thin.

Stack

Stack by Kate Andrews. Happy Shrove Tuesday!

I have only been to church once since Christmas Eve. There was snow and then Atticus and I am finally just at the point where I recognize the days of the week again. This past Sunday I stayed on the couch in my pajamas. It was raining. Atticus took a three-hour nap. I have no complaints.

Because of my removal from the world, I have been only vaguely aware that Lent was approaching. I have not spent a lot of time preparing. Am I allowed to say that I think I will give up sleeping through the night and all rights to my body? That would make me the queen of spiritual discipline, yes? Having given up rights to my body for, oh, about a year now?

I have heard people describe new-parenthood as one of the thin places of the world where the ordinary and the divine are right up against each other. They talk about middle-of-the-night prayers and the closeness of God carrying them through the haze of sleeplessness. For many people, it is reminiscent of the incarnation: the birth of a child makes for holiness drawn near. Perhaps that is why people seem to look back on it so fondly.

I have not prayed in the middle of the night. I do not pray much at all anymore. I have lived in the ordinary with no hint of the divine for a long time, faking it with no sign of making it. While I want to immerse Atticus in the beautiful stories and language of the Bible, at this point it is mostly because those things have been a huge part of my life and not because I know what to do with them anymore. I am unwilling to let that part of my life go, but I am no longer sure what it means.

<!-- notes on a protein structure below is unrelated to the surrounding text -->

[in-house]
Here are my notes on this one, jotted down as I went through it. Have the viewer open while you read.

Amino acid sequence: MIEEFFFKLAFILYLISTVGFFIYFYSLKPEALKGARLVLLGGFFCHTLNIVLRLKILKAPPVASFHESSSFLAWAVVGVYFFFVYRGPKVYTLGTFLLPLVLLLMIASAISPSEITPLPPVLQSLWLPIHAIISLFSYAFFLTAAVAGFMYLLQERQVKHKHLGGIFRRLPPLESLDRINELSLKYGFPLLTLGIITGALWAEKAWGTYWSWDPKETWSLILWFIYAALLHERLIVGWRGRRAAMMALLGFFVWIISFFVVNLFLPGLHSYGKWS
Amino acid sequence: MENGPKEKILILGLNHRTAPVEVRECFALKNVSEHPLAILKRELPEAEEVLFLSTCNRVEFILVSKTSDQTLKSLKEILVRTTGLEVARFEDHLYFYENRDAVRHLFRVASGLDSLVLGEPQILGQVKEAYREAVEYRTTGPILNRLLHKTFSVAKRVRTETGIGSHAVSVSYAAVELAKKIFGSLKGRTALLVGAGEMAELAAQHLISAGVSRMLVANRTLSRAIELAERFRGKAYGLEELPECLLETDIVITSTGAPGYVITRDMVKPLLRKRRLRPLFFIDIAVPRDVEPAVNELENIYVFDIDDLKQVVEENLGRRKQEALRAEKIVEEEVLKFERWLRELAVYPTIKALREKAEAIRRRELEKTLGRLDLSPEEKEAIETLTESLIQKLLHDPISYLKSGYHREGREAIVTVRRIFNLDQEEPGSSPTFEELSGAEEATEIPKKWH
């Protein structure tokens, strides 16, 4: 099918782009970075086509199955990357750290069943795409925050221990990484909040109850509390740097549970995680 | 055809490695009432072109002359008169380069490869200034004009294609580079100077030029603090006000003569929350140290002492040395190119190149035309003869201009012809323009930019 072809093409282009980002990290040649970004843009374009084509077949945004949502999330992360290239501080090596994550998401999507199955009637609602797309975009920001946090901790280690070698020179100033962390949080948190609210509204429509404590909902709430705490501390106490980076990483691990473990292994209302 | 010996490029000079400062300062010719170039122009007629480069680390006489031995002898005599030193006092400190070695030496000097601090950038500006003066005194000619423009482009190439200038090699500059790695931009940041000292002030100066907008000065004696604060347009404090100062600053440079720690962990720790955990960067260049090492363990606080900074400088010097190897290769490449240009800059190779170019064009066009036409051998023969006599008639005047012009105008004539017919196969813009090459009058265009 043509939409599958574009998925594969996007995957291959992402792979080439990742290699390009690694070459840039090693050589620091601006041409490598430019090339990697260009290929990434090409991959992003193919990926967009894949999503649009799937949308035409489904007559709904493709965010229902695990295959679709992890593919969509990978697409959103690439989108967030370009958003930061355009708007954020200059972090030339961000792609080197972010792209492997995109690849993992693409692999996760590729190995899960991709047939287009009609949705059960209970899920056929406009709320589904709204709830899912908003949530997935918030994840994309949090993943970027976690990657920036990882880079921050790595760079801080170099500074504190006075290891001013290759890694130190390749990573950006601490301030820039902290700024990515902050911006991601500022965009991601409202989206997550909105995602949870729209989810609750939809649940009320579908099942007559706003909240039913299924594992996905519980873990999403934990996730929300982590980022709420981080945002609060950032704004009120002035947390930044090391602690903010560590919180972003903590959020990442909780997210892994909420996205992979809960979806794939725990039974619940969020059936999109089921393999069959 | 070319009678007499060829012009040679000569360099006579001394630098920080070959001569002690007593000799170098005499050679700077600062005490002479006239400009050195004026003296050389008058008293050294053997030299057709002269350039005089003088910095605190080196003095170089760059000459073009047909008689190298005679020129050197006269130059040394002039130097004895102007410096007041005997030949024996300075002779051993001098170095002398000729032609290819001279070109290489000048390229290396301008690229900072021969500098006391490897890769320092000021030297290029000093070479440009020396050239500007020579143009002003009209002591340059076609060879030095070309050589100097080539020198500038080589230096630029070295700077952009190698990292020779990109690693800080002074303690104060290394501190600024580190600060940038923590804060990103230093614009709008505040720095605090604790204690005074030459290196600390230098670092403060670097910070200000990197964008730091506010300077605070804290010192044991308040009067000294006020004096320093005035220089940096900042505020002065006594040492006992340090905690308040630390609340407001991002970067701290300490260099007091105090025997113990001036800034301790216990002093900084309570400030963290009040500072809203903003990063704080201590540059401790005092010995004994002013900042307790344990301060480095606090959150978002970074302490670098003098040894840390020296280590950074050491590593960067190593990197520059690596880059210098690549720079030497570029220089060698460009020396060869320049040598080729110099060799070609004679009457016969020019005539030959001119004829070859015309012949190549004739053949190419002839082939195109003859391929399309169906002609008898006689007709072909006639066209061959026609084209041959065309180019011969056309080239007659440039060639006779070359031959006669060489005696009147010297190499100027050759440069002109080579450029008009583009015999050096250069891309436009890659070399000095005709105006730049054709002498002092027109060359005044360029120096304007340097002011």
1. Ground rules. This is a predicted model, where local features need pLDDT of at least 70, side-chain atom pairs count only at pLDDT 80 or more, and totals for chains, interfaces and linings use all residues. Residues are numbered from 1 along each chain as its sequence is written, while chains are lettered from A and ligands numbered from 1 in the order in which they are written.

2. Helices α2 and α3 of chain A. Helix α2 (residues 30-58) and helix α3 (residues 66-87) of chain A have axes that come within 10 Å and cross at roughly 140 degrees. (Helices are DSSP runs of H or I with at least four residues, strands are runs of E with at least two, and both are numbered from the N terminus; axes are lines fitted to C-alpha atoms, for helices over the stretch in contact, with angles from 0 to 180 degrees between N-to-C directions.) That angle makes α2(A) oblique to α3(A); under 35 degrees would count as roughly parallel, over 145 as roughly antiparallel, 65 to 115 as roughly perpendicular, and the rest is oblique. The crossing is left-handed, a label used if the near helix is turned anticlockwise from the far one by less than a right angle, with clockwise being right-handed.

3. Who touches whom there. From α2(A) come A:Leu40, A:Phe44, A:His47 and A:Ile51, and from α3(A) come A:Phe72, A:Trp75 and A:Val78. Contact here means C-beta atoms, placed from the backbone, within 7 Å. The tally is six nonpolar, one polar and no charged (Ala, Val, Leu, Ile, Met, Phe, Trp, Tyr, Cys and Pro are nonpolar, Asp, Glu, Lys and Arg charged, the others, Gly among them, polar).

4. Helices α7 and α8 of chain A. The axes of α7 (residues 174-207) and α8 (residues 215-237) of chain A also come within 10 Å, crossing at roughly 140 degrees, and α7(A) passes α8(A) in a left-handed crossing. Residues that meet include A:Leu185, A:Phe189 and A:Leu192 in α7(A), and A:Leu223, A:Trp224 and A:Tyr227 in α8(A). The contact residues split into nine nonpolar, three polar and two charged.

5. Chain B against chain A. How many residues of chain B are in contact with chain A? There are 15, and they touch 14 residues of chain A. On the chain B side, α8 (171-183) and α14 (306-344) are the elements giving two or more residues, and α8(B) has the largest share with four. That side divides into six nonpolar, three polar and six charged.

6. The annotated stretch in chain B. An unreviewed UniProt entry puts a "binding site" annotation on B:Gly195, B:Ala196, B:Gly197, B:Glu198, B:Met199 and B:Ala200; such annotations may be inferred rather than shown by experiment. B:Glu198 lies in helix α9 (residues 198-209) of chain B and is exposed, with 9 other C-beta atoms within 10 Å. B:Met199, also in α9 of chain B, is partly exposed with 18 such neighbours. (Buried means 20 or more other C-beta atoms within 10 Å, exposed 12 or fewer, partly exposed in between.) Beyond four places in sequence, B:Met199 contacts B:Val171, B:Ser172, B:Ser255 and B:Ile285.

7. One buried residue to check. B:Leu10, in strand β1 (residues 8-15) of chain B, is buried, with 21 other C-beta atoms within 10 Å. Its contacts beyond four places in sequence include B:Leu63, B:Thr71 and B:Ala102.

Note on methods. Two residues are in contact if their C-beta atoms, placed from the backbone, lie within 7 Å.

Perhaps it is my own fault: my unreasonable expectations, my inability to get over some great disappointments. I no longer know what would be an adequate prayer, what would curry God’s favor or bend God’s ear in my direction. I can get on board with the idea that God, like Aslan, is not safe, but good. If God’s thoughts and ways are not like ours, it is understandable that things don’t turn out like we’d want. But I miss having a safe place to turn with my fear and doubt. I wish I thought that someone cared about my disappointments as more than just a means to some kind of redemptive end. More than anything, I wish I had been created differently, with more faith and fewer questions. With more sugar and less vinegar.

I have grown slowly into this place over several years. I don’t know where I am heading from here, only that I will move forward as I know that I cannot go back. I don’t know when I will make it back to church, and I am hesitant to take on much of anything. But I want to spend some time during Lent facing up to some of these hard questions rather than wishing them away. Besides, Lent seems like a time when the veil separating us from the holy might be very thin, indeed.

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